Dr Rani took to the Gandhian life wholeheartedly, including wearing khadi, which she continues to do even today.
The doctor couple began working in the villages in Wardha district, beginning a period of intense education about the realities of life in rural India. During this period, they realized that their training as clinicians was inadequate to address larger health-care issues as they had no grounding in community health or research. “To develop sustainable solutions, we had to adopt a community-based approach. This necessitated conducting research, based on which we could develop new knowledge and practical, replicable public health models,” says Dr Abhay.
They left India and enrolled at Johns Hopkins, one of the best public health institutes in the world, to acquire these skills and degrees in public health.
And then they chose to return.
They picked Gadchiroli, a largely tribal district that subsists mostly on forest products such as bamboo, tendu leaves (used in making bidis) and firewood, about 175km from Nagpur. According to the Bangs, they chose Gadchiroli because it was the most backward region in the state: “It is best to go where the need is greatest,” Dr Abhay says.
They moved to the district with their two sons, Anand and Amrut, at that time six years and six months old, respectively.
The two doctors were convinced that they could reduce the burden of child deaths even in this limited resource setting. Through research, they identified the main causes for infant mortality in the region and devised a strategy of home-based neonatal care to address them. The strategy involved teaching dais (traditional birth attendants) and village health workers to conduct deliveries, care for newborns, diagnose and treat illnesses, including pneumonia, the leading cause of deaths among children.
Today, when the health workers set out to make calls, they carry with them a medical kit that contains iron and calcium tablets, ointments, artificial nipples and medicines for respiratory tract infections. Sometimes they even carry a device called a “breath counter”, developed by Dr Abhay, which is used to diagnose pneumonia. The dais’ accuracy in pneumonia diagnosis is as high as 82%.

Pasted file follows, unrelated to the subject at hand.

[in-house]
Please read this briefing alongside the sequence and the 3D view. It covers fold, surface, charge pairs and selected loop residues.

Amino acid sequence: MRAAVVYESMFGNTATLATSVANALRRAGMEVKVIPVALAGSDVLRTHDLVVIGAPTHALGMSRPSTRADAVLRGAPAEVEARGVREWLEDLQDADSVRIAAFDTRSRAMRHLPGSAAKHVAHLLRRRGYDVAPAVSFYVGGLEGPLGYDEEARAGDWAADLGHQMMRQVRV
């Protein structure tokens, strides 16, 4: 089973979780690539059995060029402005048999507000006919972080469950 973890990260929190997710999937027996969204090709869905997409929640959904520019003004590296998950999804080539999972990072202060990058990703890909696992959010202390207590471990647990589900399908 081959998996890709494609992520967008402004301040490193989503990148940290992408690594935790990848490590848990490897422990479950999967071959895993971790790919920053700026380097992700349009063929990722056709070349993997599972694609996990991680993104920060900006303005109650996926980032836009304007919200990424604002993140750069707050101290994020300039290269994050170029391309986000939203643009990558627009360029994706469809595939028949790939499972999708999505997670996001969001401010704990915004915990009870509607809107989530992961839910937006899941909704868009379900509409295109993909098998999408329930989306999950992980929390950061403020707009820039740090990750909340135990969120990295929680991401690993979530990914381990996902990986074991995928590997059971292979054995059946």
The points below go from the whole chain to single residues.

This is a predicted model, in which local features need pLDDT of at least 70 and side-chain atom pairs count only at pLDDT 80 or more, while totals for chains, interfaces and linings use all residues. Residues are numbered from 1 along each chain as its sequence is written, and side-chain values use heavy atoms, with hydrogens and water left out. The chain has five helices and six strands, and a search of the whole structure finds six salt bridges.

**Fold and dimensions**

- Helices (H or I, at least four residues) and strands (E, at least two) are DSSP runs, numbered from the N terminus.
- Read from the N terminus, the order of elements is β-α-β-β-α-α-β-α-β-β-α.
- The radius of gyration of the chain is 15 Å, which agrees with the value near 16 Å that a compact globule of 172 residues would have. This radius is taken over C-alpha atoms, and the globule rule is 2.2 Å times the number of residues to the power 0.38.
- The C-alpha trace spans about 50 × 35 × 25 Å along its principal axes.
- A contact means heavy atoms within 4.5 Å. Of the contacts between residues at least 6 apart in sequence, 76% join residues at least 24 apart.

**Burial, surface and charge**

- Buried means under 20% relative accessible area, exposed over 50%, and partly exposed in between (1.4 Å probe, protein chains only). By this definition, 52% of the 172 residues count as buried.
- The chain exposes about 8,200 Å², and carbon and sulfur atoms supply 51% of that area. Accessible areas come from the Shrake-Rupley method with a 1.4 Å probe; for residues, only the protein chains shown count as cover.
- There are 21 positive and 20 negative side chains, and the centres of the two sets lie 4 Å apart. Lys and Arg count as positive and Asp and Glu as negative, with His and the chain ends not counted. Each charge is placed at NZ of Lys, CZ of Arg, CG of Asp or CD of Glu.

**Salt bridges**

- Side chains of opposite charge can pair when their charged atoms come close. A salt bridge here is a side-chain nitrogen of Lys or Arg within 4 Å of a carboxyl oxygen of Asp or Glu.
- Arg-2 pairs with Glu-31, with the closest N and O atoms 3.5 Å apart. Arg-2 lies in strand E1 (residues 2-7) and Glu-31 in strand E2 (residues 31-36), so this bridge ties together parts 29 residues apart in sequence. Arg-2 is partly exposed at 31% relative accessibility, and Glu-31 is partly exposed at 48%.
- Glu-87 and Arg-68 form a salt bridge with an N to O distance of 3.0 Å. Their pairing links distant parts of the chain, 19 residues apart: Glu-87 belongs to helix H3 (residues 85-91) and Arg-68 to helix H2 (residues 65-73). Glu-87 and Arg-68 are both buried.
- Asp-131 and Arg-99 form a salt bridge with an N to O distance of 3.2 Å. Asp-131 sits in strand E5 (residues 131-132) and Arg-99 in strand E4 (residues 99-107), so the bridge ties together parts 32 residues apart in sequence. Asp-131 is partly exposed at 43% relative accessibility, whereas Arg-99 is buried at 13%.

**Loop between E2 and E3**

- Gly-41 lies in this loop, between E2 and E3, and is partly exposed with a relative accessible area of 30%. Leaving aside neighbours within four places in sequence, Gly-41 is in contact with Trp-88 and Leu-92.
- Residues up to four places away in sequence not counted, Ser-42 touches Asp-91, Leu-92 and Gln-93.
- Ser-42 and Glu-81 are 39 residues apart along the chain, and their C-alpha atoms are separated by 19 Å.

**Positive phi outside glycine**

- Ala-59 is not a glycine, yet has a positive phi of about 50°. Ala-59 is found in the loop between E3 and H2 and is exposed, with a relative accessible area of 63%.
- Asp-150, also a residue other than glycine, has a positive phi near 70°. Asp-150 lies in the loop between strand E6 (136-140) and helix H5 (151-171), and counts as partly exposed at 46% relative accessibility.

It took the Bangs more than five years to bring down the infant mortality rates through research and implementation of their findings. A subsequent project implemented in other districts of Maharashtra saw infant mortality rates drop to 33 in less than three years.
The workers are as efficient as most trained paramedics, using disinfectant, gloves and sterilized scissors for deliveries. They can even perform vaginal examinations, diagnose and treat some gynaecological diseases, and give injections—commendable considering most of them cannot even read.
The success of this effort, which came to be called the “Gadchiroli model”, has earned acclaim for the doctors and their organization, the Society for Education, Action and Research in Community Health, better known as SEARCH. In fact, the government now plans to replicate the “home-based neonatal care” model to bring down infant mortality rates across the country. The model involves a standard protocol in which the village health workers receive training.
In its latest annual report, the ministry of health and family welfare cites Bangs’ work: “The Government of India has recently approved the implementation of home-based newborn care (HBNC), based on the Gadchiroli model, where appreciable decline in infant mortality rates has been documented on the basis of work done by SEARCH.”